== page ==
“Jay,” he said staring at me intently with his glamorous glow. “Aren’t you gonna miss this?”
He expected, as they all did, that the prospect of missing it would finally move me.
I gazed down the street toward the U.N. and the East River beyond.
“Sure,” I said, truthfully, though we never said what “this” was.
Then I was gone. and truthfully, too, the missing didn’t last that long, only the wonder, forever, at a different life I might have lived.
Within a few years, the original two owners, facing industry headwinds, put the company up for sale to get their maximum return before it was too late. CW bought rights to the international subsidiary’s name, and moved to England, where he created a worldwide network of independent expediters. It exists today. For fun, he opened a London wine bar. The parent company was sold to Airborne Express, where for twenty years, under its own name, it provided specialized courier services. Then, DHL acquired it. About a decade after I left, I had reason to learn that no one then with the company had any idea who I was or knew who the people were who founded the business.
Then came the day when B. would write me.
We started to catch up on twenty-five years. She wanted to know why I had disappeared from her life.
She got married, I said. She had children. A married woman with children in Virginia. A single man hundreds of miles away in New York City. Different lives.
“I know,” she said.
But she wasn’t completely satisfied, and it wasn’t the whole truth. The whole truth is that I leave all my lives behind, one imposter after another slipping away, a disappearing self, working my way, I keep thinking, to the real me.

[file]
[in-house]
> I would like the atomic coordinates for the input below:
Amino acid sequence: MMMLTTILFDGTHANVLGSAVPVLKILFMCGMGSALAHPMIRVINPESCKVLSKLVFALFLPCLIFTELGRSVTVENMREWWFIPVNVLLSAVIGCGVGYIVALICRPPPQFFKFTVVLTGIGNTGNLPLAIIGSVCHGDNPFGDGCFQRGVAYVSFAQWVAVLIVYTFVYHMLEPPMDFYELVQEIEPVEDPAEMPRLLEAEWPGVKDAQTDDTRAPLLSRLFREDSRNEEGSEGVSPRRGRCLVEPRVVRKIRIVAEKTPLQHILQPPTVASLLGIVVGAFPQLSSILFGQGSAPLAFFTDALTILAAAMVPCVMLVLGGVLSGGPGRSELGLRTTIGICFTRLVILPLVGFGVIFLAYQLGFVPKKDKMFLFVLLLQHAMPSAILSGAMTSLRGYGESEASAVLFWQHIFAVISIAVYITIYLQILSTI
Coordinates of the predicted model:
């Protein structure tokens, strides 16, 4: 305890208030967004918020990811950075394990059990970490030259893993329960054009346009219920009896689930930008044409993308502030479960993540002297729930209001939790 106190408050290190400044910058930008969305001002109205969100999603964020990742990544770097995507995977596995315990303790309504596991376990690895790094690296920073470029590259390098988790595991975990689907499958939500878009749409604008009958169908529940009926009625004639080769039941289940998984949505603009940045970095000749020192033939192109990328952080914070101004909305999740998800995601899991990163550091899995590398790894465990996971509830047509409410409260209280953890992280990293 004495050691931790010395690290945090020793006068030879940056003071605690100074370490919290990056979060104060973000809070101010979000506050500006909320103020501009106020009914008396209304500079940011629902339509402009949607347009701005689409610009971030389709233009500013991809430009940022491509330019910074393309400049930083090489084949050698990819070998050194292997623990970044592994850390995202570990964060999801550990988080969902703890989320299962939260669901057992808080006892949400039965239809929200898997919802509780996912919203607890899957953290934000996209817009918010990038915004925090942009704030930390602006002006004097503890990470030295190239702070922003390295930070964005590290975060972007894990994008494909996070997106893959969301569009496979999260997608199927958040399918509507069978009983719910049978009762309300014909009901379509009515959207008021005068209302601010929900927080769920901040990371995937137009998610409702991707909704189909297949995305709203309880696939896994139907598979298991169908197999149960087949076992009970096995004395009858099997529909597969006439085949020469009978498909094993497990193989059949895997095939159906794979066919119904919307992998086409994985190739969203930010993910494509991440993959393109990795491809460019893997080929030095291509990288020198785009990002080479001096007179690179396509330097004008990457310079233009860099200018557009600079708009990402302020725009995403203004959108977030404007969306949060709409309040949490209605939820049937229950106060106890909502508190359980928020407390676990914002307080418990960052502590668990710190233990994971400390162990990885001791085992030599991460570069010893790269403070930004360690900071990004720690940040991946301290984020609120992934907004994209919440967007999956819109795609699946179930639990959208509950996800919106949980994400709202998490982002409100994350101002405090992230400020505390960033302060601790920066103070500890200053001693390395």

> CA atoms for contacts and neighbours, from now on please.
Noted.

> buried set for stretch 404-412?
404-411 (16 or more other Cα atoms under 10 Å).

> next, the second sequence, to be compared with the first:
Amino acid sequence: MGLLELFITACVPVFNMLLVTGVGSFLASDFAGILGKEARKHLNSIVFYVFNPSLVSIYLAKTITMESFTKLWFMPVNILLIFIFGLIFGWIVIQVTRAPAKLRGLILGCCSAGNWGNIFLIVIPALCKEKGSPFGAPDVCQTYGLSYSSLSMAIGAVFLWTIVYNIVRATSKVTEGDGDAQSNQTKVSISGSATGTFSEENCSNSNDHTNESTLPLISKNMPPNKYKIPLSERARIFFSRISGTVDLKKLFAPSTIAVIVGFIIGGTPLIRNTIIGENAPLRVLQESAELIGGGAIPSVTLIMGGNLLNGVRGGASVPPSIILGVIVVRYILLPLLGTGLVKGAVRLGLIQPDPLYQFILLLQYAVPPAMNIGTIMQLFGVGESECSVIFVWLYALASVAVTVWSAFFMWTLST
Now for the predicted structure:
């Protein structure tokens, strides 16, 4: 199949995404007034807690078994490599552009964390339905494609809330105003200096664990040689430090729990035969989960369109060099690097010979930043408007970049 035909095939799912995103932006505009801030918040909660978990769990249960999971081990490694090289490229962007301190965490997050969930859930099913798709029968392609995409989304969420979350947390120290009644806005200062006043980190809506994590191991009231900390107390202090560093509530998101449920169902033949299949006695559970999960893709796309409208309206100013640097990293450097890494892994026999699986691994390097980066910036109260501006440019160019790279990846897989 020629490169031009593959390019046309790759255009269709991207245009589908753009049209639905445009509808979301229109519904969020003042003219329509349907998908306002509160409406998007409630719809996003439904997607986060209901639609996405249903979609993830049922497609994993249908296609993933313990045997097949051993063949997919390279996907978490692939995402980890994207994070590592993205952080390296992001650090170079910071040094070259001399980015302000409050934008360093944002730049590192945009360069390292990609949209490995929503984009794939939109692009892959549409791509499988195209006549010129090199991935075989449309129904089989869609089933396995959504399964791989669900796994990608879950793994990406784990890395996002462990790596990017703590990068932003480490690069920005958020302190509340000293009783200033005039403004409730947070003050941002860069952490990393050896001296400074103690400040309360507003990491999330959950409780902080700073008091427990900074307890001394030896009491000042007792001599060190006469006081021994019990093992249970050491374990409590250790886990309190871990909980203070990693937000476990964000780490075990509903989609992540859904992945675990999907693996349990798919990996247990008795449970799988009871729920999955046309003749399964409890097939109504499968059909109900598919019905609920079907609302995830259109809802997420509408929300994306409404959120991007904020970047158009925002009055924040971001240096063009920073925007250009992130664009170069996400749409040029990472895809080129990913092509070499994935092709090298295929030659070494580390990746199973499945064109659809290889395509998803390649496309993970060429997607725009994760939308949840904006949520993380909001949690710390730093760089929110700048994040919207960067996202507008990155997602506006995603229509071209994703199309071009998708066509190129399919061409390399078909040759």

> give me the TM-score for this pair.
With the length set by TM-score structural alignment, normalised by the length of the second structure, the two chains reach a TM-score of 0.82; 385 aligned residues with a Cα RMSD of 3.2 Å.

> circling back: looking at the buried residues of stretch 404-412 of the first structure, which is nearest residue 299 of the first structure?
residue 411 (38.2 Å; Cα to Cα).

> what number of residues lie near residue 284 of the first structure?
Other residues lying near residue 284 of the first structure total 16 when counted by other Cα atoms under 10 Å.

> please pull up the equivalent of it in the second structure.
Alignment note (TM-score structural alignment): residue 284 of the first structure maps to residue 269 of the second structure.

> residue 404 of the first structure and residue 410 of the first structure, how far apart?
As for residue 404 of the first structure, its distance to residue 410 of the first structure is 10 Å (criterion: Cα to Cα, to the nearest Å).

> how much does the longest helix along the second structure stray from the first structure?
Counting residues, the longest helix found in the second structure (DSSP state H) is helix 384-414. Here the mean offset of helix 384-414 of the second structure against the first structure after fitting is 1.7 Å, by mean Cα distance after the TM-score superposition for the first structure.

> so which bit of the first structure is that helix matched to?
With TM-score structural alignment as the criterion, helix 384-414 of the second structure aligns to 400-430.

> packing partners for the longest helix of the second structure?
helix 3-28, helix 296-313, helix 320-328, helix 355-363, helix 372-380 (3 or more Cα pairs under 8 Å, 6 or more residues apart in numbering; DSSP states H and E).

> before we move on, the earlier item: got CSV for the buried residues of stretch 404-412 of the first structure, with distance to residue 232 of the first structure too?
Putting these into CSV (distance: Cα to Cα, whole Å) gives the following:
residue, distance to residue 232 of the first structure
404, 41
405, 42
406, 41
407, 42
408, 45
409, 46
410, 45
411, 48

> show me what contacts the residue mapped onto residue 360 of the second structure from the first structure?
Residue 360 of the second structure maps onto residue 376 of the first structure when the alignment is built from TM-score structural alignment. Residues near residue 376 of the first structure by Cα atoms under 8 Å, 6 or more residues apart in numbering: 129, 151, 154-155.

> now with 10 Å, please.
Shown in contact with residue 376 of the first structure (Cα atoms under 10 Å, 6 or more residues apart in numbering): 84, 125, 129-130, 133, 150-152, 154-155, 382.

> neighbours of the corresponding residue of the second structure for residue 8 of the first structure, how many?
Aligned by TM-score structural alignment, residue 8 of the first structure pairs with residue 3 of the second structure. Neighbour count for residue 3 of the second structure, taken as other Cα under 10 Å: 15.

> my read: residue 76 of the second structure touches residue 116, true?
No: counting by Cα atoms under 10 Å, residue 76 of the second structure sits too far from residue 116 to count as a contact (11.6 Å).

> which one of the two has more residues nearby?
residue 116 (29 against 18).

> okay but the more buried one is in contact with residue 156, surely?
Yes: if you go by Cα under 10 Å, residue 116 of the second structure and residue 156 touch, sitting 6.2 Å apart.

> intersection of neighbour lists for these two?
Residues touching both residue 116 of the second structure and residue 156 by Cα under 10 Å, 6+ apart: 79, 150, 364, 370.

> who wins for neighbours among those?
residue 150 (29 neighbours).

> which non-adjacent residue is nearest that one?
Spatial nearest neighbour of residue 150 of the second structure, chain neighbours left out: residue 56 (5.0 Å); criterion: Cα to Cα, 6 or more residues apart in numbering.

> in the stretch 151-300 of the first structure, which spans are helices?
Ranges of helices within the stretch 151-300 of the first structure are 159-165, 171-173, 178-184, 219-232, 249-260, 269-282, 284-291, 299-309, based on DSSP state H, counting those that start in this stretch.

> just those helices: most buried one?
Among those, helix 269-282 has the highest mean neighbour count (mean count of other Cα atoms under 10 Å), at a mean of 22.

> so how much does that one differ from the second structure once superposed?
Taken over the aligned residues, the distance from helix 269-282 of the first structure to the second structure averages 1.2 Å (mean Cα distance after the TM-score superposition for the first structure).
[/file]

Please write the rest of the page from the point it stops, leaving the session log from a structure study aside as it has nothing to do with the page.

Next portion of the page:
I remembered when we had last seen each other. I visited soon after her first daughter was born. And I remembered that soon after my return to New York I had received a card from B. It’s in one of the boxes that contain the memorabilia of all those lives. I haven’t laid eyes on it in years, but I know what it says. It says that I have to visit often, because B. couldn’t imagine her daughter growing up without knowing me.
She is older now than B. was when I met her, and she has children of her own.
Searching my memory, I thought I had to have been at B.’s wedding. There was no way I would not have been. Yet I had no recollection of it. The next astonishing morning, as if after so many years still anticipating my needs, I received an email from B. with two attachments: photos from her wedding.
In the first, one of those table shots, behind those seated, five people stand. In the middle is B., her silken veil of near waist-length hair a kind of talisman of her innocence and beauty. On one side of her is her new husband. On the other side of her is me. Once again, somehow, the imposter leads my life. I do not recall the moment. I do not remember the day. Yet that is my own self standing there, in one of those three pieces suits, taller and leaner than I remember anymore ever having been, already losing my hair, but still only balding, not yet bald. The hair that is there, and my beard, that I have worn since I was seventeen years old, is so dark it seems to have been inked in by a penman. I was once that young.
Staring and staring, I don’t know what to make of a self I left behind, on a day I have forgotten, and I am reminded of poem I wrote as my mother disappeared into Alzheimer’s.
At that, we both turn to Katherine Hepburn, sixty years ago and taut as a bowstring, wonder if the stars remember every escapade and kiss, or if sometimes in the darkness they sit and only stare at some actor on the screen.
The second photograph shows a lineup of young men. I am among them, reaching forward, perilously balanced on one leg as I stretch my arm for something.
“What are we doing there?” I wrote and asked.
Lined up for the tossing of her garter, I’m told.
“Guess who caught it,” B. wrote.
That seemed, in all the remembering, to be the question for me. Or the beginning of many questions, the questions that preoccupied me in the weeks after B.’s email and that raise their hands from the back row through all the phases of my life and the personas I adopt and abandon, as I keep moving on to assume some other real, still unrealized self. All the questions about the life that was, and was before, the life that is and the life to come, and all of them beginning with “who.”
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Poet. Storyteller. Dramatist. Essayist. Artificer.
“Not just words about the ideas but the words themselves.”